Coronavirus: Cruise line CMV races for funds to keep it afloat

June 17, 2020

A British-based cruise line that employs 4,000 people is racing to secure funding to keep itself afloat after its operations were halted by the coronavirus pandemic.

Sky News has learnt that Cruise & Maritime Voyages (CMV) is in emergency talks with lenders and potential investors following the eleventh-hour collapse of a potential rescue deal.

Sources said on Wednesday that CMV, which is based in Essex and counts the Columbus and Marco Polo among its fleet, was attempting to finalise new financing before the end of the week.

They added that Novalpina Capital, a private equity firm, had been trying to structure a deal for several weeks with CMV's existing creditors.

The talks are said to have been abandoned this week when Barclays decided not to offer a £25m state-backed loan under the Coronavirus Large Business Interruption Loan Scheme.

Cruise lines have seen their business decimated by the pandemic, with uncertain prospects for a recovery because of the barrage of negative publicity that hit the industry when the initial outbreak spread earlier this year.

Carnival Corporation, which is one of the industry's largest players, has raised billions of dollars of additional liquidity to help it survive COVID-19.

In February, Carnival's Diamond Princess ship became the epicentre of fears about the cruise industry's ability to safely navigate the crisis, with 13 of its passengers dying after contracting COVID-19.

Cunard, which is owned by Carnival, said recently that it was cancelling all cruises due to embark before November 1.

Carnival is among CMV's creditors, according to insiders.

Virgin Voyages, which is backed by Sir Richard Branson, has also been forced to delay the launch of its services.

CMV, which has hundreds of head office and sales staff and thousands of crew on its ships, borrowed about €60m from Macquarie, the Australian bank, as recently as February.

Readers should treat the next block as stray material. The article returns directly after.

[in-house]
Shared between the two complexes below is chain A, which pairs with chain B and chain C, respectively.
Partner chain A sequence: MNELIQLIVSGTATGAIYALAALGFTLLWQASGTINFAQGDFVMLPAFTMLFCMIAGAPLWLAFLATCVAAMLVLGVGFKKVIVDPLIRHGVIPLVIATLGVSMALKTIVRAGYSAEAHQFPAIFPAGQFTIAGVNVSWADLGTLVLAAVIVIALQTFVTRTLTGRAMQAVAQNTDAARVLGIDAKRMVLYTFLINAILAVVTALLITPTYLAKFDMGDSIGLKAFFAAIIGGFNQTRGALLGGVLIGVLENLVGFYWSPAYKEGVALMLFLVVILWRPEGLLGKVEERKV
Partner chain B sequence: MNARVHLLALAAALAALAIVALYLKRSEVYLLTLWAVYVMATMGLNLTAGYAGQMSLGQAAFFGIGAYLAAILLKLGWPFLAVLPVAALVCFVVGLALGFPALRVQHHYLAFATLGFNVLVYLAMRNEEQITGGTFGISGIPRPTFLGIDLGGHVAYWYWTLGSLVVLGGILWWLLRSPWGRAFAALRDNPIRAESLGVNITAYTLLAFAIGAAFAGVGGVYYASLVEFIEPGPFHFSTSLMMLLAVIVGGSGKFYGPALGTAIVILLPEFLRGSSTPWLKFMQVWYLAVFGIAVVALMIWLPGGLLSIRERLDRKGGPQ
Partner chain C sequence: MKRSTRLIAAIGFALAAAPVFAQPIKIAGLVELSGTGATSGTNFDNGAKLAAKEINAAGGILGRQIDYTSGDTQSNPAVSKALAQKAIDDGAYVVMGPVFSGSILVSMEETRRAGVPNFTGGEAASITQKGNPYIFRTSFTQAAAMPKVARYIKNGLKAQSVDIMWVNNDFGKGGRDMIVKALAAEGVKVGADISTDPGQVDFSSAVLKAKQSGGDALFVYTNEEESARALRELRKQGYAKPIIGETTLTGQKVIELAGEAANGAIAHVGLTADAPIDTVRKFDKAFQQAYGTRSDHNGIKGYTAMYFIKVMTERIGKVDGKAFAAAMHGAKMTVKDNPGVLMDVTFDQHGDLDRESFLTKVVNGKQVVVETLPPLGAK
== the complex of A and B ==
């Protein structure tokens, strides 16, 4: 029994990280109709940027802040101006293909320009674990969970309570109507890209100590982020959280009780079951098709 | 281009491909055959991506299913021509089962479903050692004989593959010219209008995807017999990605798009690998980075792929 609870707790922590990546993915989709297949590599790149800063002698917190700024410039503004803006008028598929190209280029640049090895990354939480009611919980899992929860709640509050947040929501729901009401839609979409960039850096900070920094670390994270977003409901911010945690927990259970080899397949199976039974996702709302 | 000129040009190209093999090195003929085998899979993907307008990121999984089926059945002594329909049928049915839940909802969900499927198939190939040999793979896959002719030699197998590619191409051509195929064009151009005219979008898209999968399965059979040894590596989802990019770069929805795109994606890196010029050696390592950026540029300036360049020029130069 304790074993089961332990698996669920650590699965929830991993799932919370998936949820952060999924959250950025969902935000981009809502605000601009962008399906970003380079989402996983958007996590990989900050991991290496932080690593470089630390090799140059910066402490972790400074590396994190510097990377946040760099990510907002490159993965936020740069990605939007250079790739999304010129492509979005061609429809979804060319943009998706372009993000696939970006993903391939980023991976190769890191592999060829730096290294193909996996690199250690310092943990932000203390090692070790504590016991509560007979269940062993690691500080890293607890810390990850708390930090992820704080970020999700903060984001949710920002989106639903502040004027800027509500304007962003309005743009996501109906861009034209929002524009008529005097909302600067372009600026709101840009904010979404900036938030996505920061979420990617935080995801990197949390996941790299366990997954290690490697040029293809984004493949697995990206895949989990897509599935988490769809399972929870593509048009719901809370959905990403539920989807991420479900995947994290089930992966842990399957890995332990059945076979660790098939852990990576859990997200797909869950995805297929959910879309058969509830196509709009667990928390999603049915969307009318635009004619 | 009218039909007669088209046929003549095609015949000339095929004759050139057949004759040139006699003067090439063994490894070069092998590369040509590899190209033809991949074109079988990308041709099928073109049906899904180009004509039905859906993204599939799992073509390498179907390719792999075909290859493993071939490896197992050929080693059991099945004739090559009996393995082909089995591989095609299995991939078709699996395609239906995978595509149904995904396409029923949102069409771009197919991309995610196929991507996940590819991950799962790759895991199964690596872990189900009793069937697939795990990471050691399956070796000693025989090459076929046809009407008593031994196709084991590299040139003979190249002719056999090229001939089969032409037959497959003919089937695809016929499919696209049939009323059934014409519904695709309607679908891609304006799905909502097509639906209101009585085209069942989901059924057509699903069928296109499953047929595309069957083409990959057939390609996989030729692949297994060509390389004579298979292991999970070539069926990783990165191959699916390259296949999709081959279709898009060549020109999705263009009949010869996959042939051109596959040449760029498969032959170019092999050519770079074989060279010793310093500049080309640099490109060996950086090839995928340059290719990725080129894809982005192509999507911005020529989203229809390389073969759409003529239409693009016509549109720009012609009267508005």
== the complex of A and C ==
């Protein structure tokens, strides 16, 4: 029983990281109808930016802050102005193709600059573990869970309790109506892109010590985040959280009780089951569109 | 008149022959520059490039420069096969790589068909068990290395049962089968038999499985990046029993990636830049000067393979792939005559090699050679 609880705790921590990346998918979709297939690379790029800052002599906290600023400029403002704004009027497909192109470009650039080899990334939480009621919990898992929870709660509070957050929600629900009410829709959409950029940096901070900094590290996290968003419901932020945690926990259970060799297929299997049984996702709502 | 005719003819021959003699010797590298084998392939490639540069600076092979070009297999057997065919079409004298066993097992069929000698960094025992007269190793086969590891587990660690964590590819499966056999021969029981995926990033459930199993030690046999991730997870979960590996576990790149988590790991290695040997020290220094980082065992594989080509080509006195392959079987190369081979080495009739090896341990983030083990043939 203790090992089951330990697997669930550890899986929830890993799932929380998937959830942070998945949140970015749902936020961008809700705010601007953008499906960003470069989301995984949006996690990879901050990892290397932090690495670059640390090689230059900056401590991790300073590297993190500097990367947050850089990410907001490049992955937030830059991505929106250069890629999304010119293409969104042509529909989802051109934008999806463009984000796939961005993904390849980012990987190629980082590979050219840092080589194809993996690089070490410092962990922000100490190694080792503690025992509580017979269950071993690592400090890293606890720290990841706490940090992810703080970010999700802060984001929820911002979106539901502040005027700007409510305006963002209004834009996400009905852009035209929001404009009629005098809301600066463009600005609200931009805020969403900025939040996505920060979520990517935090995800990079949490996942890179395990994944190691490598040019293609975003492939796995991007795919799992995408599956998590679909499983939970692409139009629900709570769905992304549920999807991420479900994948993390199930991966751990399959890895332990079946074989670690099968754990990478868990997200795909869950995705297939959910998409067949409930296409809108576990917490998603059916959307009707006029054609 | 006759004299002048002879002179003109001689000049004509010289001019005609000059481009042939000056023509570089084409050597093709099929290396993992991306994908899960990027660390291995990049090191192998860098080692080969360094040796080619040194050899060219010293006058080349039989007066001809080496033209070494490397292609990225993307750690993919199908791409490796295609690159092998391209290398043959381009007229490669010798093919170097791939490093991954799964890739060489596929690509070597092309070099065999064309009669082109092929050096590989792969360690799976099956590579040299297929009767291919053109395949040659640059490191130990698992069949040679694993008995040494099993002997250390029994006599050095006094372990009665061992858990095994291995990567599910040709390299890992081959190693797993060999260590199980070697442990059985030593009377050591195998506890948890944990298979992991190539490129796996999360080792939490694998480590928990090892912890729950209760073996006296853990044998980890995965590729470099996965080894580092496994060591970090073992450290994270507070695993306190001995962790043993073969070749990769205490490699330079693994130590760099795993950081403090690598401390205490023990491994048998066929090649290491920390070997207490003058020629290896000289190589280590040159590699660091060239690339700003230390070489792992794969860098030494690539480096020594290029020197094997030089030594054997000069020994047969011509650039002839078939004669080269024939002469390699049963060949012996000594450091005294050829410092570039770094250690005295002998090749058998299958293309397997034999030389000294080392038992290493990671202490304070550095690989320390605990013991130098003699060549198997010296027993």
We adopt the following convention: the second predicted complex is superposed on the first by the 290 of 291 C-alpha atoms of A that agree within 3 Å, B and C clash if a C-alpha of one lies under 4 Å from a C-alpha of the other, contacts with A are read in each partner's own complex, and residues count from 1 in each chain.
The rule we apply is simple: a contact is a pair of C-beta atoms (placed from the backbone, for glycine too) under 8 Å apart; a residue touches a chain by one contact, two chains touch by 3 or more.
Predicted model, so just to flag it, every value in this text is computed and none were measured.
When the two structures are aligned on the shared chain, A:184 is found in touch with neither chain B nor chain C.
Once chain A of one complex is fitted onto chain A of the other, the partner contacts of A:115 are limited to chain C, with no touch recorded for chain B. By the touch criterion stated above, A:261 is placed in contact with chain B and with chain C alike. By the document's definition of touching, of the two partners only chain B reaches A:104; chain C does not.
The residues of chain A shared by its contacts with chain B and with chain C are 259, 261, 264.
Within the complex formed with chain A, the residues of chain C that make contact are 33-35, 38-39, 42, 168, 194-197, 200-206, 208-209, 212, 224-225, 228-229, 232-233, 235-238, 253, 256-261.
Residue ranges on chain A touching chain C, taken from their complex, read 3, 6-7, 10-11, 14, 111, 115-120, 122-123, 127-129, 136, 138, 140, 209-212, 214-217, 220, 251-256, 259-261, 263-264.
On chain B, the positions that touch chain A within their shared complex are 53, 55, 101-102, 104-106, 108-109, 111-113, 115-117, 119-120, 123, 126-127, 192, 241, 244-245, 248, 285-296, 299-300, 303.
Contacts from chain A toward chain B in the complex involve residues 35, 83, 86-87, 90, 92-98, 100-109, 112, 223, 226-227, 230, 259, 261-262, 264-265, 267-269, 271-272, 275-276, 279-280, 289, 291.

People close to Macquarie said it had provided further support to the company by waiving interest payments and advancing additional funds to support salary payments to crew and repatriation efforts.

An undisclosed number of CMV crew members are still on board its ships and need to be repatriated, according to one source.

It was unclear on Wednesday which other parties remained in discussions with the company, which was established just over a decade ago.

A CMV spokeswoman said: "As the majority of other cruise lines have already done or are presently doing, CMV is also looking for additional financing to improve its liquidity position until sailing will resume again.

"As such CMV is presently in discussions and negotiations with a number of financial institutions and banks and is confident to finalise these discussions very shortly and so is unable to comment on or disclose details of these discussions with individual parties until they are finalised."

AlixPartners and Duff & Phelps, the professional services firms, have both been advising various stakeholders on CMV's financial position in recent months.

It is unclear what contingency planning has taken place in the event that the cruise line cannot secure the funding it requires.

A source close to Barclays said it had tried to put a CLBILS loan in place but that it had ultimately concluded that one was not workable.

Macquarie, Novalpina and Barclays either declined to comment or did not respond to a request for comment.

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